Florida Resident Sentenced for Accessing and Removing Classified Information from Military Computers
Christopher R. Glenn, 34, a South Florida Resident, was sentenced on July 31, 2015, to 120 months of imprisonment to be followed by three years of supervised release by U.S. District Judge Kenneth A. Marra of the Southern District of Florida following his guilty plea for willful retention of classified national defense information under the Espionage Act, computer intrusion under the Computer Fraud and Abuse Act and conspiracy to commit naturalization fraud.
Assistant Attorney General for National Security John P. Carlin, U.S. Attorney Wifredo A. Ferrer of the Southern District of Florida and Special Agent in Charge George L. Piro of the FBI’s Miami Field Office made the announcement.
“Christopher Glenn exploited his position as a cleared military contractor and systems administrator to steal classified U.S. military secrets,” said Assistant Attorney General Carlin. “In doing so, he violated the unique trust placed in him by the Department of Defense. Insider threats by trusted employees who exploit computer access are a significant danger to U.S. national security and this sentencing shows it will not be tolerated.”
“The defendant exploited and violated the special trust placed in him as a computer network system administrator working at a United States military base, in order to penetrate the computer system and steal classified materials,” said U.S. Attorney Ferrer. “We will continue to investigate and prosecute insider threats to national security and we will bring those violators to justice.”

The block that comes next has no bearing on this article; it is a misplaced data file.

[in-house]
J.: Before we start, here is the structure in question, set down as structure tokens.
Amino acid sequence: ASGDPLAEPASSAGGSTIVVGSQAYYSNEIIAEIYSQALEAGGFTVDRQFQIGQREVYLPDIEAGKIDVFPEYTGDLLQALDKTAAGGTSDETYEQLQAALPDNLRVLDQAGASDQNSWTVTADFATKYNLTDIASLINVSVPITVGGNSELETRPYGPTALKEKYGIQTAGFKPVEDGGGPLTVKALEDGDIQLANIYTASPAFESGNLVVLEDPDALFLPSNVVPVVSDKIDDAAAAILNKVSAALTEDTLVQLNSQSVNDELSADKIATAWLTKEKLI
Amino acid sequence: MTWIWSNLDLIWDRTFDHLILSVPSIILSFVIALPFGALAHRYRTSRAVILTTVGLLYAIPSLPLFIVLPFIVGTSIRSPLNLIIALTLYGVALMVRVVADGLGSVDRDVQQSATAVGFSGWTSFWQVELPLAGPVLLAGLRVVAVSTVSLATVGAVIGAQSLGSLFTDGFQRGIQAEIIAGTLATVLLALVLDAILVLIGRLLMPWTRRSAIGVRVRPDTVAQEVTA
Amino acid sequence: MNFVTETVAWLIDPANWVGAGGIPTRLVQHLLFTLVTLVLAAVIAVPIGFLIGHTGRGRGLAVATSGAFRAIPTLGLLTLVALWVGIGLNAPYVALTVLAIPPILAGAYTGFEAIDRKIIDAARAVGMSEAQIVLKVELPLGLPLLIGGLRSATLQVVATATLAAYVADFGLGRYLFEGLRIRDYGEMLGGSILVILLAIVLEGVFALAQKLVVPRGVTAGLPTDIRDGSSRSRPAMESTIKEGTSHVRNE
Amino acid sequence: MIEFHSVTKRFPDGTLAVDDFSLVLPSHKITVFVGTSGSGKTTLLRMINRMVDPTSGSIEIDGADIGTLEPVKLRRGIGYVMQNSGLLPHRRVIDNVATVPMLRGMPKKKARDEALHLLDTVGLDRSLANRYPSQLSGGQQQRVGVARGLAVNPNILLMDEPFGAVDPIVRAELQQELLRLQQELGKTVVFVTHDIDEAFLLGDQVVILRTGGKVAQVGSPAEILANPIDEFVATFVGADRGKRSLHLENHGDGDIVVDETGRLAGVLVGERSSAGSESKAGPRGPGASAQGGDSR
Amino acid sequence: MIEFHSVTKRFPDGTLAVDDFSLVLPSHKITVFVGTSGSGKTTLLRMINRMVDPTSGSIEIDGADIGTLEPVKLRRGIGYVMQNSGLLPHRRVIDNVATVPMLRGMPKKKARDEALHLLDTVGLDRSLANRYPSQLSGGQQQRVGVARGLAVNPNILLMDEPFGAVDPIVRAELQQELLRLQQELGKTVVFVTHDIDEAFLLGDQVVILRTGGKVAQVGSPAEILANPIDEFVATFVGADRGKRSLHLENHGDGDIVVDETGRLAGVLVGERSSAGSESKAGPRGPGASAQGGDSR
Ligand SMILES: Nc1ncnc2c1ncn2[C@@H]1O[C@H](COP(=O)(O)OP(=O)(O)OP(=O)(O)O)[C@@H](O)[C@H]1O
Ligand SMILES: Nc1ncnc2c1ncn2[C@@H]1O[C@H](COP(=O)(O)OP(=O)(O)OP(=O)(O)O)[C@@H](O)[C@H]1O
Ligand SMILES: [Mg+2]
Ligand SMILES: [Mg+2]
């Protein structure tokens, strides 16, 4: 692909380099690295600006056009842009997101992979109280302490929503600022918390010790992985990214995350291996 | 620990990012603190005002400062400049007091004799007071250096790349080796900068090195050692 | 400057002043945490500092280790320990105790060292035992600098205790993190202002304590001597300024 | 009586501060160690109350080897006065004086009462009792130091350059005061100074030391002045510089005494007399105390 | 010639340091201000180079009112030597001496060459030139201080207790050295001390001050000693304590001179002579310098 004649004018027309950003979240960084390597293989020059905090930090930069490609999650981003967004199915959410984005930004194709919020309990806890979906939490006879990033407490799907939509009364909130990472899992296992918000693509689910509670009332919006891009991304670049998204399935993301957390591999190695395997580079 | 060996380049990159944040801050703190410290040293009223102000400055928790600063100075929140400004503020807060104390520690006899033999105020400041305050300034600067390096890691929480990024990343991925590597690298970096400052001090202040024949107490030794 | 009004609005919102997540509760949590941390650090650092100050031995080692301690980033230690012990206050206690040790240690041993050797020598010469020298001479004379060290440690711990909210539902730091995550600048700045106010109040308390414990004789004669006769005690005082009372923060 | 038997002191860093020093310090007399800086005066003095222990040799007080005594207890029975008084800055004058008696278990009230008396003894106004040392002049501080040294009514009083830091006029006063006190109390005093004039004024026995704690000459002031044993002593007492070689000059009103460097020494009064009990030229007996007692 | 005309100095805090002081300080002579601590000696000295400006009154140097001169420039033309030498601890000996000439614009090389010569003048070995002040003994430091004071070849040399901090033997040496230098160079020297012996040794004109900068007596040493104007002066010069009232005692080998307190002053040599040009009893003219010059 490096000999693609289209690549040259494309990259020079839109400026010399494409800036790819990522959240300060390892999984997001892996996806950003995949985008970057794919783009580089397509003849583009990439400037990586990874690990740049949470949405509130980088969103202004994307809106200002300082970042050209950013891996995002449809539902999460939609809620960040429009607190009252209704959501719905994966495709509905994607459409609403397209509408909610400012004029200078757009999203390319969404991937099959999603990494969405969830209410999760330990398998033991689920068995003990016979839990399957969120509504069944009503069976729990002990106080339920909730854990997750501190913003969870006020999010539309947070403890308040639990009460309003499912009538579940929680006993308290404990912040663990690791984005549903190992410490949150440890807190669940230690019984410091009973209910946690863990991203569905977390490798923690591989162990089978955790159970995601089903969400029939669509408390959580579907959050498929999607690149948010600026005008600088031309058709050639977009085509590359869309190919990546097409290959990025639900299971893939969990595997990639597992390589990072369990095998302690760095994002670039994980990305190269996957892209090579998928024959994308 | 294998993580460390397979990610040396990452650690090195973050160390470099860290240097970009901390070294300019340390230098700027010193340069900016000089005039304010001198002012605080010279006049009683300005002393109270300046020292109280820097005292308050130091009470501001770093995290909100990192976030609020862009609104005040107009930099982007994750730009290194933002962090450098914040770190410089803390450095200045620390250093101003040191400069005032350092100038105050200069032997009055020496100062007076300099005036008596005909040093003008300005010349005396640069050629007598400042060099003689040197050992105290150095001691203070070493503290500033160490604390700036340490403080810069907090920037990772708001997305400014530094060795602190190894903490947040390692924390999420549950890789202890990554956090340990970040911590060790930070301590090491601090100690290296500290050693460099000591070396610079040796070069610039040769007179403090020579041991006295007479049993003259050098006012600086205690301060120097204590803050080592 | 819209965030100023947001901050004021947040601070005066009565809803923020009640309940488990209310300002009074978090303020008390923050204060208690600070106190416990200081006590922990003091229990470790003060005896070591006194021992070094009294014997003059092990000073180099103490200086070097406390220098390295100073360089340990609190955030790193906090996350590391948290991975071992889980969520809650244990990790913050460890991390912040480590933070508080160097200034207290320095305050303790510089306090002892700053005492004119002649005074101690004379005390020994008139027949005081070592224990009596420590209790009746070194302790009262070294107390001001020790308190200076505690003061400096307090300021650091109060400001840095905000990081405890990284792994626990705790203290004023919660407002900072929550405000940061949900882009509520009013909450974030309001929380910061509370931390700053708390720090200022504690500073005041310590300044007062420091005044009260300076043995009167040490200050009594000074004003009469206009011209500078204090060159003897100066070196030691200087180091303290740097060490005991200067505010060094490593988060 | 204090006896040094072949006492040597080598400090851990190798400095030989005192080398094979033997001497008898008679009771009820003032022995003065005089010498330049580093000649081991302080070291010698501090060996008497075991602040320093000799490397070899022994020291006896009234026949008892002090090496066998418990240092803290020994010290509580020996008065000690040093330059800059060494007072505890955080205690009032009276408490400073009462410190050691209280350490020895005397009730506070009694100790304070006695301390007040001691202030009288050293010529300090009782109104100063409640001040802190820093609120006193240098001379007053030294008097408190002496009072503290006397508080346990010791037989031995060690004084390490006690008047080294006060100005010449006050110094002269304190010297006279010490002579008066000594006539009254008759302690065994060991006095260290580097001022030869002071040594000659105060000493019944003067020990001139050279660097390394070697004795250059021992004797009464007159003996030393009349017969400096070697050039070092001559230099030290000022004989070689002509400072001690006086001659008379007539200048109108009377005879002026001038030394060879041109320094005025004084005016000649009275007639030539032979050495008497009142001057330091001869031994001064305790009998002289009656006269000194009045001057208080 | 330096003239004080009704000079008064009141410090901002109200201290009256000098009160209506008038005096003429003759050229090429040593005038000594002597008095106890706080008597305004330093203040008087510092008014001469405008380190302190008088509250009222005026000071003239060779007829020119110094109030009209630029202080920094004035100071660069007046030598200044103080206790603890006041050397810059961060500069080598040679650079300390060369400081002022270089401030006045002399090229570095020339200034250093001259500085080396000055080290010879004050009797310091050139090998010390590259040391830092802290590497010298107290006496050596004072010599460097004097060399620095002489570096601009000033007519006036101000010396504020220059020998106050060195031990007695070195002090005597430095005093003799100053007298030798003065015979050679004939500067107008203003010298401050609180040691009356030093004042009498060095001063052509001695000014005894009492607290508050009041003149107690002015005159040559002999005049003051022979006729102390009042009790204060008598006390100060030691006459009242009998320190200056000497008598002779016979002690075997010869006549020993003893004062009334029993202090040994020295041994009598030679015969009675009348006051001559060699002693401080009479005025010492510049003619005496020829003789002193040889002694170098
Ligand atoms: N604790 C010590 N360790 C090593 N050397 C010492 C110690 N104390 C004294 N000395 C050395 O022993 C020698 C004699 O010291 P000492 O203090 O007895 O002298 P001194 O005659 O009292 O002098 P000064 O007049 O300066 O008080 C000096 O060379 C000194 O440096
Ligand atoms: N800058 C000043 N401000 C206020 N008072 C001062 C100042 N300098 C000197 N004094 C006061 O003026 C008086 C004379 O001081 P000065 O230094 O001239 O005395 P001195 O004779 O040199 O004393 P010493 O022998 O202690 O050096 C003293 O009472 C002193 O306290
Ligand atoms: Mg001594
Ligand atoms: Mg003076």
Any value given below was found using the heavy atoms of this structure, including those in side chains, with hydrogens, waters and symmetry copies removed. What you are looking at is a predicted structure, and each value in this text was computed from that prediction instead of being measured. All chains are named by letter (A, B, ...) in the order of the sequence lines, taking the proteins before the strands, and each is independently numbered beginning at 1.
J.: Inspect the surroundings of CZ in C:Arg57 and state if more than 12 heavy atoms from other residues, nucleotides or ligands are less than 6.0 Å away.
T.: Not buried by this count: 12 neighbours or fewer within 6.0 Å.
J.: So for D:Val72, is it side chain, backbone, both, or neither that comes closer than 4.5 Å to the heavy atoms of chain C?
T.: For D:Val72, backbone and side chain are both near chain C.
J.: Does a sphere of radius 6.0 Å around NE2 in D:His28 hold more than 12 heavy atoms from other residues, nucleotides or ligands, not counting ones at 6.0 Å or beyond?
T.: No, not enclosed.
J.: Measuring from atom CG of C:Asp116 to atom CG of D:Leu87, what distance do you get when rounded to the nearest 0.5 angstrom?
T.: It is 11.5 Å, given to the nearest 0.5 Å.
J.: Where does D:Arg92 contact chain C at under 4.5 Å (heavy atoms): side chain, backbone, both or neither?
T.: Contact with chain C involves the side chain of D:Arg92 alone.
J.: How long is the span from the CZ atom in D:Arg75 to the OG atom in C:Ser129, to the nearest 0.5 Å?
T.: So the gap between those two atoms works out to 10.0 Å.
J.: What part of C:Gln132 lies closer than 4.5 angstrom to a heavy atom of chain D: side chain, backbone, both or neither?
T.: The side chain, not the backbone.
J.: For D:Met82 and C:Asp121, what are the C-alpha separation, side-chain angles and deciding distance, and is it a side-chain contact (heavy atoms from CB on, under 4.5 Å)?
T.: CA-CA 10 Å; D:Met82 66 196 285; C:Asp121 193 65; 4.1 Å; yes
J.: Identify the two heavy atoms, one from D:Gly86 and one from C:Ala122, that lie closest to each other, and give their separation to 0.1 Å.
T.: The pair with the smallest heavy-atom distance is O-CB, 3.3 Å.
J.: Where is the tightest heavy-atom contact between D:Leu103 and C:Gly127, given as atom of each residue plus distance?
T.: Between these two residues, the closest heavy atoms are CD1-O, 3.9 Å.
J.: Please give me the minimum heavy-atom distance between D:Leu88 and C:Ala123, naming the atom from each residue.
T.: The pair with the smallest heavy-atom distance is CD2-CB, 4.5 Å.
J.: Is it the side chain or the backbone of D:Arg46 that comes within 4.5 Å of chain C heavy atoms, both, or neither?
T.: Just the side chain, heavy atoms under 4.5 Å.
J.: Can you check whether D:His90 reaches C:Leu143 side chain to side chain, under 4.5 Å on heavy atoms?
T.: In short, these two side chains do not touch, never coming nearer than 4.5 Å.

According to court records, while working as a computer systems administrator at Soto Cano Air Base in Honduras, Glenn accessed a classified Department of Defense network without authorization and removed classified national defense information from Department of Defense and U.S. Southern Command’s (SOUTHCOM’s) Joint Task Force-Bravo, including intelligence reports and military plans. Glenn proceeded to encrypt the files and place them on an Internet-accessible network storage device located in his residence in Honduras.
Glenn also conspired with his wife, Khadraa A. Glenn, 28, to commit naturalization fraud for her benefit by fabricating fraudulent documents and submitting false statements and the documents to the U.S. Citizenship and Immigration Services (USCIS). Khadraa A. Glenn previously pleaded guilty to naturalization fraud conspiracy and was sentenced on Oct. 7, 2014.
Assistant Attorney General Carlin and U.S. Attorney Ferrer commended the investigative efforts of the FBI, U.S. Army’s 470thMilitary Intelligence Brigade, U.S. Army’s Criminal Investigations Division, SOUTHCOM, USCIS, IRS-CI, the Department of Homeland Security and the South Florida Joint Terrorism Task Force. The case is being prosecuted by Assistant U.S. Attorney Ricardo Del Toro of the Southern District of Florida and Trial Attorney Christian Ford of the National Security Division’s Counterintelligence and Export Control Section.